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J Cell Physiol. 1991 Apr;147(1):62-7.

cAMP promotes branching of laminin-induced neuronal processes.

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Laboratory of Developmental Biology, National Institute of Dental Research, National Institutes of Health, Bethesda, Maryland 20892.


Laminin is a potent stimulator of neurite outgrowth. We have examined the signal transduction events involved in the neuronal cell response to laminin. Cyclic nucleotides, calcium, and sodium-proton exchange do not appear to be required for the transduction of the laminin signal during neurite outgrowth. Direct measurement of cAMP and cGMP levels shows no changes in NG108-15 cells when cultured on laminin. Exogenous cAMP alone had no effect on either the rate of process formation or process length, but did alter the morphology of laminin-induced neurites. A four-fold increase in the number of branches per neurite and a two-to-three-fold increase in the number of neurites per cell were observed in both NG108-15 and PC12 cells cultured on laminin when either 8-BrcAMP or forskolin was added. The cAMP-induced branching was also observed when PC12 cells were cultured on a laminin-derived synthetic peptide (PA22-2), which contains the neurite-promoting amino acid sequence IKVAV. By immunofluorescence analysis with axonal or dendritic markers, the PC12 processes on laminin and PA22-2 were axonal, not dendritic, and the cAMP-induced morphological changes were due to axonal branching. These data demonstrate that changes in cAMP are not involved in laminin-mediated neurite outgrowth, but cAMP can modulate the effects of laminin.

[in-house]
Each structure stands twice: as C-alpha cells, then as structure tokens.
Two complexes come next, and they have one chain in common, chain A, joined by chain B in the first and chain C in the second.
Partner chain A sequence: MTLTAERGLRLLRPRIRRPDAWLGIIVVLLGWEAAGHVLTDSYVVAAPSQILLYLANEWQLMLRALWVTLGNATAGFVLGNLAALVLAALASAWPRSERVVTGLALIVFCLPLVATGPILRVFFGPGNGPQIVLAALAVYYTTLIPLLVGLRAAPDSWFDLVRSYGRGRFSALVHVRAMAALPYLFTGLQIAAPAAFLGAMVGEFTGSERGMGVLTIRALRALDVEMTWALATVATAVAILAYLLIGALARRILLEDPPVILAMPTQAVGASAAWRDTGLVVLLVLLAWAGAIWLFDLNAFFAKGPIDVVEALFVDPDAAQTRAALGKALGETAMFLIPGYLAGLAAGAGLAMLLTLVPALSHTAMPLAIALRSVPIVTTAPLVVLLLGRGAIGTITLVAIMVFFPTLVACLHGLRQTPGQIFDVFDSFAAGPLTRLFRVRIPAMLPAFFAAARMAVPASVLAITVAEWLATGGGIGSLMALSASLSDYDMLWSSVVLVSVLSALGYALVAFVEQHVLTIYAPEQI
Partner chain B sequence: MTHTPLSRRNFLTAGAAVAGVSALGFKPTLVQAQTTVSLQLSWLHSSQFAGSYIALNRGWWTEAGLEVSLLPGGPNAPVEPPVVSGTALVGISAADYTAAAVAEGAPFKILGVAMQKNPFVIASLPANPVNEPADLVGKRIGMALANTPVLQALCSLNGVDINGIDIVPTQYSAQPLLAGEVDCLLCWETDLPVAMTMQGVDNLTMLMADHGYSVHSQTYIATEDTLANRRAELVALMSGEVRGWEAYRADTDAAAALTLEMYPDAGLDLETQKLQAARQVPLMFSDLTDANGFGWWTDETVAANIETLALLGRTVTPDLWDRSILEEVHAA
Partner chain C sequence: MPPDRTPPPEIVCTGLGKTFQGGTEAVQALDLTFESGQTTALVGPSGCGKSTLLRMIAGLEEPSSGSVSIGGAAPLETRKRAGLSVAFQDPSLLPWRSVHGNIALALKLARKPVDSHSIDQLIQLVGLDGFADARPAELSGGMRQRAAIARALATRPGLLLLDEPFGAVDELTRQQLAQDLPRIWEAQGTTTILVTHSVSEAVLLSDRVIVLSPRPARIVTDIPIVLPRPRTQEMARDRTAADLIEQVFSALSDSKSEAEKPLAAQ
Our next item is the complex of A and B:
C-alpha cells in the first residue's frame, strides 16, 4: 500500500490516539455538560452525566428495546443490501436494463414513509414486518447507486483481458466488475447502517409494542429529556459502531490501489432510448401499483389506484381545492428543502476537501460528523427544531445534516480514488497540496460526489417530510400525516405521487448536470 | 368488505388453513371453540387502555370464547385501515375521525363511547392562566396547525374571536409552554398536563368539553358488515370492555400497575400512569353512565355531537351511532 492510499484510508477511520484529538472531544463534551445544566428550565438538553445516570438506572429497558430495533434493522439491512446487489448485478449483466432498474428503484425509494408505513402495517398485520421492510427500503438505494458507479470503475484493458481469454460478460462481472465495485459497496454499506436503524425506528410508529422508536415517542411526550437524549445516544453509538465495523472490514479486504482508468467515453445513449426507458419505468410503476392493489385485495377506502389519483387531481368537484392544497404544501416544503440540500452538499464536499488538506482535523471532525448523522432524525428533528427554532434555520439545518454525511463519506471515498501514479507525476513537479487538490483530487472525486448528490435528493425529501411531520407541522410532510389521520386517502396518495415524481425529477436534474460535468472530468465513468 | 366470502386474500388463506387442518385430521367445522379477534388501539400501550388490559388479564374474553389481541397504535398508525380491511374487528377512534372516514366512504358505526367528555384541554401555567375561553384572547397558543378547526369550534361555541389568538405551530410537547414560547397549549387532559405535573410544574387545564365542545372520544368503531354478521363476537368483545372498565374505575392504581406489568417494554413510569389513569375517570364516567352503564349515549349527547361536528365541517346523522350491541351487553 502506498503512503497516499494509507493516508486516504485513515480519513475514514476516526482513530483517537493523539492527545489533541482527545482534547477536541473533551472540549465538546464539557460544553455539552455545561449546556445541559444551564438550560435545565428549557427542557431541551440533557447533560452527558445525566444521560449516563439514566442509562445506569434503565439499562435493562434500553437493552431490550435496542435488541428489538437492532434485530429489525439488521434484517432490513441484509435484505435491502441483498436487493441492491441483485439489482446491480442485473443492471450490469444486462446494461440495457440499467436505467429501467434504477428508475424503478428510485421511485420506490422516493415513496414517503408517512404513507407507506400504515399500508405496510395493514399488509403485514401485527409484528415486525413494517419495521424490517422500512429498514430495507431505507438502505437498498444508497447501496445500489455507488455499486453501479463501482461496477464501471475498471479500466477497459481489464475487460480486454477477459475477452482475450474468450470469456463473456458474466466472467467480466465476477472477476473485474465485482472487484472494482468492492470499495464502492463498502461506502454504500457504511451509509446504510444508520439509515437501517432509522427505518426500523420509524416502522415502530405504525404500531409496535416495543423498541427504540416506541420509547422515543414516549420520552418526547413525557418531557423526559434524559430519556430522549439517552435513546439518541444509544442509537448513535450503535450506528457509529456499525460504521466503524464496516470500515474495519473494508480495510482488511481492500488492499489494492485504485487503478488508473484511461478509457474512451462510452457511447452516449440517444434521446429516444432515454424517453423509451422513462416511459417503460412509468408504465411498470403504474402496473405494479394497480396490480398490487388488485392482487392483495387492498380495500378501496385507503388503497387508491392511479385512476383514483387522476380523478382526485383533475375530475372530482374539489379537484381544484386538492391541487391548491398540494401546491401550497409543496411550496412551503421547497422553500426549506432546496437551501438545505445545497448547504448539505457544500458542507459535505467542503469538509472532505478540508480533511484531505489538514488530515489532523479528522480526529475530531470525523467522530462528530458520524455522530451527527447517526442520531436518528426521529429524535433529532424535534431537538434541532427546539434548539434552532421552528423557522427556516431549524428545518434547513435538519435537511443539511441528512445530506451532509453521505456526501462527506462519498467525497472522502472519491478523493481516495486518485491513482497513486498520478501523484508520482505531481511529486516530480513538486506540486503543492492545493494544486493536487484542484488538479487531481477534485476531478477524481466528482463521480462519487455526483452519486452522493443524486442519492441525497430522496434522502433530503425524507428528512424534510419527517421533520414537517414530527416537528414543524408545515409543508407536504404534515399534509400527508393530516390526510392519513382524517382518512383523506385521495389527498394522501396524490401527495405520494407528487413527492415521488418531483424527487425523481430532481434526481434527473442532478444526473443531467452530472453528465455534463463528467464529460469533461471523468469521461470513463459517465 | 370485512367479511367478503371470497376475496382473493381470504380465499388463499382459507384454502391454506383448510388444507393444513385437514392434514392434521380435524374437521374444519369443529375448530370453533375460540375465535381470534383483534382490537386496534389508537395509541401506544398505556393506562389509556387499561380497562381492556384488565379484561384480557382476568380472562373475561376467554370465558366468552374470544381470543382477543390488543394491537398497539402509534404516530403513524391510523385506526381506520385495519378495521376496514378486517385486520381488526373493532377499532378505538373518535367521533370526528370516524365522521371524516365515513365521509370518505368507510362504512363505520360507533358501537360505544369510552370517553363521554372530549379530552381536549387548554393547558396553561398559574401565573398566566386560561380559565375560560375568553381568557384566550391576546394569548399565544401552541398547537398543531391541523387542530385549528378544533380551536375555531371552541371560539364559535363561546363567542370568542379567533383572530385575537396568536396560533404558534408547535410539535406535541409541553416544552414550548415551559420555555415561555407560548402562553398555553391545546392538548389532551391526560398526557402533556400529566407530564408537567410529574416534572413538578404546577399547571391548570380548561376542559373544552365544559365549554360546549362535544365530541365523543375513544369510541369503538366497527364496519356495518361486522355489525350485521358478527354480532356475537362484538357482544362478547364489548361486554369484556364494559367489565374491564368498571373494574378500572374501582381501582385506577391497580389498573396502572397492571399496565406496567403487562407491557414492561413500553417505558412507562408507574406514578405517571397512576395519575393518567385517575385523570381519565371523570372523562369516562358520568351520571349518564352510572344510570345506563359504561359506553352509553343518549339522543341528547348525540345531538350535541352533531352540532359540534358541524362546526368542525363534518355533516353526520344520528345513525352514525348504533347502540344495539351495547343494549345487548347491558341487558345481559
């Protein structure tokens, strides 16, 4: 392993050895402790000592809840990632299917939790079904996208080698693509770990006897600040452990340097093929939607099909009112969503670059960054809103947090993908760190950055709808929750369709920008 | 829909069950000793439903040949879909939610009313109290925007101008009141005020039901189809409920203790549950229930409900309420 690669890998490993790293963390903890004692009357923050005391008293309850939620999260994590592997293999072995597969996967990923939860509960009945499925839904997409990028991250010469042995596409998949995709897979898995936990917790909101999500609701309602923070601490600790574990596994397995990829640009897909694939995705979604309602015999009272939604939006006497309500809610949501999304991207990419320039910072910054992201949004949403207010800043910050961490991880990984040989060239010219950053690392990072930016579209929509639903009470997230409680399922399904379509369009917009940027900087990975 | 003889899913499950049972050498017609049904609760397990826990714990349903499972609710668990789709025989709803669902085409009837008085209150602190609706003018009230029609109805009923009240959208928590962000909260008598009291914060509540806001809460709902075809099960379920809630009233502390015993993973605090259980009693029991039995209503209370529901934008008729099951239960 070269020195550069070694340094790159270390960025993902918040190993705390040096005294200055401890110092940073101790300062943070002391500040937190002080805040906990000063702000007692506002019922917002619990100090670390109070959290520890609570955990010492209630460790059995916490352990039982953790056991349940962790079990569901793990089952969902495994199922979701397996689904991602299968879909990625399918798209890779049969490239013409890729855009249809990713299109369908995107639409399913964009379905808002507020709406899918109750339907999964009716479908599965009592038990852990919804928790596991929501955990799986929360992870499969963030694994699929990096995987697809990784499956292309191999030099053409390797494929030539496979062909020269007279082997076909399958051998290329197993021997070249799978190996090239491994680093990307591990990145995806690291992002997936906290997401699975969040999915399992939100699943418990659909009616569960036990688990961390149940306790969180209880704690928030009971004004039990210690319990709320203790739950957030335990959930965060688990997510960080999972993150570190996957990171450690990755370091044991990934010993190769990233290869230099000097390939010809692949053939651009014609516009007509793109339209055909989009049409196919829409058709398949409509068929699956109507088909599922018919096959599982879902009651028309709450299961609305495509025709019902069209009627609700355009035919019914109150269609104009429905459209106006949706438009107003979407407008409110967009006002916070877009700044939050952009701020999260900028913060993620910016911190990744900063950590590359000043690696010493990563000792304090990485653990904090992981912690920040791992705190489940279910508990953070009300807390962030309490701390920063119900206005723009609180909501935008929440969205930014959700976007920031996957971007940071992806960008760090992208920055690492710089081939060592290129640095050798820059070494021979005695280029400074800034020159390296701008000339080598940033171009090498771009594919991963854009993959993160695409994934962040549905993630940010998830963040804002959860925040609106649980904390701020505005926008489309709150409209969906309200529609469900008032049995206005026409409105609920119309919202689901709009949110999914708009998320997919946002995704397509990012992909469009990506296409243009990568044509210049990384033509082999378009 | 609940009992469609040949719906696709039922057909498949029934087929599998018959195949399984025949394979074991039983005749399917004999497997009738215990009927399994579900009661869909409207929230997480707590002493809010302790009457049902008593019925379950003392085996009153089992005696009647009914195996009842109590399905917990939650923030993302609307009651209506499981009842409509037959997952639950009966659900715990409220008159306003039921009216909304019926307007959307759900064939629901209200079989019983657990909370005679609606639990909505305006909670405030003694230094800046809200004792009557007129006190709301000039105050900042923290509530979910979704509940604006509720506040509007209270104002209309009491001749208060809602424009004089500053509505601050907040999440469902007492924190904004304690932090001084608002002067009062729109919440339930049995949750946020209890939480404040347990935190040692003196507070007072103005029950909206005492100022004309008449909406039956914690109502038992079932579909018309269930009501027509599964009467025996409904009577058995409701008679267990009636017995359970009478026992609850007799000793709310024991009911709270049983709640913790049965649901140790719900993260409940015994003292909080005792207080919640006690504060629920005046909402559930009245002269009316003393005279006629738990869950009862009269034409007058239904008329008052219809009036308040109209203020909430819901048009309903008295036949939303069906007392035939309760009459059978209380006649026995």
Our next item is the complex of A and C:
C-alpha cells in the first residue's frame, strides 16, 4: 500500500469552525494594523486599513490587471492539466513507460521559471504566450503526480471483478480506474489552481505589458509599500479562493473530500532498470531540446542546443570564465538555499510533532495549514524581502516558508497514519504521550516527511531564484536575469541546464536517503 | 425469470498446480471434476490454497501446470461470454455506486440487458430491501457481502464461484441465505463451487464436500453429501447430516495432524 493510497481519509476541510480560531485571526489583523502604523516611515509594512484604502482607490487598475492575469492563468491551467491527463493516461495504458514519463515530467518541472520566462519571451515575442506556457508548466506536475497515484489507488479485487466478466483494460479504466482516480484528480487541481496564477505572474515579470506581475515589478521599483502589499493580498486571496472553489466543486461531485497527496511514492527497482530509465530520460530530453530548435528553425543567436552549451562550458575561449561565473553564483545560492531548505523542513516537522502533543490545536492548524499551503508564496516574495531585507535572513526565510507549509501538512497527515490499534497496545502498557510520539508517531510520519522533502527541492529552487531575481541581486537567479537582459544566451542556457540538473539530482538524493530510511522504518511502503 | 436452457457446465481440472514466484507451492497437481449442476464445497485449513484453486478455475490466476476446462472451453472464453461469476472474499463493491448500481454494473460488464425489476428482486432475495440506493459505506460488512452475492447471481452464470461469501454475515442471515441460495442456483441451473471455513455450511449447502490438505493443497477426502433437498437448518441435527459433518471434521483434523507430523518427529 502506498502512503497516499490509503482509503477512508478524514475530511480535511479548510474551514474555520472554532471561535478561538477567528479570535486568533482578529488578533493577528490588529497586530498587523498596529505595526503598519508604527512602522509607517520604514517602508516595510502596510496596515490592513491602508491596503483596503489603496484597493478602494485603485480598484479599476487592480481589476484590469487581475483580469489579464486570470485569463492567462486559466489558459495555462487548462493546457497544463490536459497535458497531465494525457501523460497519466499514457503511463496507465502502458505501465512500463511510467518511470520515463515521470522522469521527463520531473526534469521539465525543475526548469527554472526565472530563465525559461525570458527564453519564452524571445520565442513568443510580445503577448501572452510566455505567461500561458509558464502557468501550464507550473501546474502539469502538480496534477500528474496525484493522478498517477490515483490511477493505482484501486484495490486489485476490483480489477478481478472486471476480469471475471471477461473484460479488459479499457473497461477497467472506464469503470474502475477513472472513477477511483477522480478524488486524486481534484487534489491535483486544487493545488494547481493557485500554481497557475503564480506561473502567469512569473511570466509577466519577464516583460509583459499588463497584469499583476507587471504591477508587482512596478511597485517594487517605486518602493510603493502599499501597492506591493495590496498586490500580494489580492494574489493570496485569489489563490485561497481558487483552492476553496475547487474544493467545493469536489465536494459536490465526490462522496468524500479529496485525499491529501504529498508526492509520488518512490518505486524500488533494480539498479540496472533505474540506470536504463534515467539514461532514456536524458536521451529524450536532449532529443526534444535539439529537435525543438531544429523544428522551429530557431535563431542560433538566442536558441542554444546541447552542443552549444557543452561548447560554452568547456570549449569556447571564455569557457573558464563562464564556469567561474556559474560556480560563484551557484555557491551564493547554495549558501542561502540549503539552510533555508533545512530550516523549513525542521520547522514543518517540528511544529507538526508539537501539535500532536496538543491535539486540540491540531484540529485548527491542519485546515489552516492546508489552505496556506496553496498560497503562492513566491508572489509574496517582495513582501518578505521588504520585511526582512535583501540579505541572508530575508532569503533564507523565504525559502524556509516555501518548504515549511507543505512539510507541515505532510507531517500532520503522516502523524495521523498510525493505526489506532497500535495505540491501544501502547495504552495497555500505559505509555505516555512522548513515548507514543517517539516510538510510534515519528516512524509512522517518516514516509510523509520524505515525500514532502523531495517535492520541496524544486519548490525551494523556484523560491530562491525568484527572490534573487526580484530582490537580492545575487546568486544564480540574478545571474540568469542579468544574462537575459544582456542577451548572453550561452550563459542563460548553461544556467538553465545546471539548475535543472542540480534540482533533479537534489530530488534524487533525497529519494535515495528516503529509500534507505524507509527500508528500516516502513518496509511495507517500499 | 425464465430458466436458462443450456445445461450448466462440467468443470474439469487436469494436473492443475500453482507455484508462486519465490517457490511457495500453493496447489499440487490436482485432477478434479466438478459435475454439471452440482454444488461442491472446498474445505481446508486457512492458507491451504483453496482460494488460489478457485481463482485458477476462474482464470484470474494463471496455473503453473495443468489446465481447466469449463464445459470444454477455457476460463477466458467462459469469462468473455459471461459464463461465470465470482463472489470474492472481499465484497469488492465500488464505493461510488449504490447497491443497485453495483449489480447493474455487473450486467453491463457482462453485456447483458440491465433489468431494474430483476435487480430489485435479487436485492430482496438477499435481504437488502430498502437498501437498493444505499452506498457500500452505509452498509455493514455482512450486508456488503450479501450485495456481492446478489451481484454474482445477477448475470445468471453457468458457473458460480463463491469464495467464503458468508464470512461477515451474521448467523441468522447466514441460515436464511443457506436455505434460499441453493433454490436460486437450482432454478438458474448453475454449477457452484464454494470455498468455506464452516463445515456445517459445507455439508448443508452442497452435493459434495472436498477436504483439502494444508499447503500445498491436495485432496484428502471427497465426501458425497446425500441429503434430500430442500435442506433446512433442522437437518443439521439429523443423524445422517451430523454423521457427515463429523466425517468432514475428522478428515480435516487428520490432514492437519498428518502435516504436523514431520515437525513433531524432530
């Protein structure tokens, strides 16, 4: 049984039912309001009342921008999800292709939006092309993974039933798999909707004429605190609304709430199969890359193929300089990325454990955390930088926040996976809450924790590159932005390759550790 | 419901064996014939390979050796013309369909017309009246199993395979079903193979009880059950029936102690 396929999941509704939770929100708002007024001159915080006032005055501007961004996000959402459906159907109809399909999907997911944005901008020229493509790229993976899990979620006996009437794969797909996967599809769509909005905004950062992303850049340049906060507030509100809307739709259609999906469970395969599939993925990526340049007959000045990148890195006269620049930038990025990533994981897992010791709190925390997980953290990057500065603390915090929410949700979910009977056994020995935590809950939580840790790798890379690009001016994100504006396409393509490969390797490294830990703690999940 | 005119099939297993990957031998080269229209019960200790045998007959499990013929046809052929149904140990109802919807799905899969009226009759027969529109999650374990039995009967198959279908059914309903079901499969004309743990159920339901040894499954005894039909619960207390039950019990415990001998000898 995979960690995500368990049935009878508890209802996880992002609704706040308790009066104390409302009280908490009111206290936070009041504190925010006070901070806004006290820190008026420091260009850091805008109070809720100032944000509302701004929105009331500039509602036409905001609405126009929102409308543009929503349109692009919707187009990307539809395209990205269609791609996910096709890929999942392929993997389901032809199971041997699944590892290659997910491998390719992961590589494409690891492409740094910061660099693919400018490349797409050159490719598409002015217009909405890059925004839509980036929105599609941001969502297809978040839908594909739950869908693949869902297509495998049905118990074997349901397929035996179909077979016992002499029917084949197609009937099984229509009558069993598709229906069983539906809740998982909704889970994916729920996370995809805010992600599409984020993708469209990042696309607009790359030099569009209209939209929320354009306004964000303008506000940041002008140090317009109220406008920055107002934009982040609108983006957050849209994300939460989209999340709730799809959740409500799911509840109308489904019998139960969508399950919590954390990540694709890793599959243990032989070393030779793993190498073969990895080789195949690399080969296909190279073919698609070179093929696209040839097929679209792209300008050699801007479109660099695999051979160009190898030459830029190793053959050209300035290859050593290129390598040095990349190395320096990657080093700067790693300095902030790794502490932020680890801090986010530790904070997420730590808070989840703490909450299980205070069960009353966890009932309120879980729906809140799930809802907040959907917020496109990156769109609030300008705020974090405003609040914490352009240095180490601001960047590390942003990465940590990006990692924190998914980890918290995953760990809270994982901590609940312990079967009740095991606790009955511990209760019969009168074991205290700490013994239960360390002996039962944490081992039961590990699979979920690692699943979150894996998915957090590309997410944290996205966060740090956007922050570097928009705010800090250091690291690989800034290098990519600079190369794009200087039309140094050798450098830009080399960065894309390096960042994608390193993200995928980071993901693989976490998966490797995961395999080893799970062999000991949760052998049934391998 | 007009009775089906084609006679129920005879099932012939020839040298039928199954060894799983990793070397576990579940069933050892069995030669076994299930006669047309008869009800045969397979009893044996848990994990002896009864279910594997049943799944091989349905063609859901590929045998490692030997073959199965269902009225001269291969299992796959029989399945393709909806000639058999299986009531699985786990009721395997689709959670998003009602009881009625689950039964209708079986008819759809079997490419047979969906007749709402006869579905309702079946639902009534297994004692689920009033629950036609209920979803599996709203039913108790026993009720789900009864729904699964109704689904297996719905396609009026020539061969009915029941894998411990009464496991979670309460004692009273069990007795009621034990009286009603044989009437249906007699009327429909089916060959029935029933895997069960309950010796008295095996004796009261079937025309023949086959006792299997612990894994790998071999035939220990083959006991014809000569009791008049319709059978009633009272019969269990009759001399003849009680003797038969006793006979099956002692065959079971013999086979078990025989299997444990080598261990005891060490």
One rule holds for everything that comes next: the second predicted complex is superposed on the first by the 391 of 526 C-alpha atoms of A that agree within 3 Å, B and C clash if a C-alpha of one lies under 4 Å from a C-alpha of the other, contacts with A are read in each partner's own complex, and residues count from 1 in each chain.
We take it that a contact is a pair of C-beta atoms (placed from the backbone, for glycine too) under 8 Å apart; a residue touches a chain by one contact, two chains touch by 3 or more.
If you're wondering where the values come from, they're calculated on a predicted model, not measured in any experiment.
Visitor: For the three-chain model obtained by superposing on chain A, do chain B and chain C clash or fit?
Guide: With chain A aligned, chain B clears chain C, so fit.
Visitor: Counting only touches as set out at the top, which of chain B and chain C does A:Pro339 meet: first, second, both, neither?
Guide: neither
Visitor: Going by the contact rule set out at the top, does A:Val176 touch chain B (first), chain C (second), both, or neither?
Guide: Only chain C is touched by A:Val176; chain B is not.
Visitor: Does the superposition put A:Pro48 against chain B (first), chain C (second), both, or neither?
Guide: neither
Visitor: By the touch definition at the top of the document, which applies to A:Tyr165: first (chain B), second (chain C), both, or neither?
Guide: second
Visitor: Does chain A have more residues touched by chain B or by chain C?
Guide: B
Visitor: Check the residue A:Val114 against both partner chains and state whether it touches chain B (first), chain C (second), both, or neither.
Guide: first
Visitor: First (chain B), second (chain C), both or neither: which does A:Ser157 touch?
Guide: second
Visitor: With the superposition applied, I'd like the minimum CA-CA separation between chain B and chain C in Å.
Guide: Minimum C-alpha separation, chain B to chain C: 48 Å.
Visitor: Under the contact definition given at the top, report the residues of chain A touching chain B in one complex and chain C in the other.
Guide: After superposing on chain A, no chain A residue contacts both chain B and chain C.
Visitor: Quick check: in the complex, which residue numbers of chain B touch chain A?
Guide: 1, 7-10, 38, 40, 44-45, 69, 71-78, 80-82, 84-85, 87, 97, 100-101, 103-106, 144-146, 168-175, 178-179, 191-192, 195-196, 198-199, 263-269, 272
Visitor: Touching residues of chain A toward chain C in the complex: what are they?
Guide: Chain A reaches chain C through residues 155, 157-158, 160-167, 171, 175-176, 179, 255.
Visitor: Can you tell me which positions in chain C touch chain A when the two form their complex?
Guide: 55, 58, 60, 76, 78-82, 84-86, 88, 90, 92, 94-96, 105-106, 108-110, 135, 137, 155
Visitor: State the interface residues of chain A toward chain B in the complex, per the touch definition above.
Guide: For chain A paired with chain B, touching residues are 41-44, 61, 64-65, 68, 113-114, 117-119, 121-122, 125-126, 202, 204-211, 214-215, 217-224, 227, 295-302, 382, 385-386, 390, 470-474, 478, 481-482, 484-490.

[Indexed for MEDLINE]

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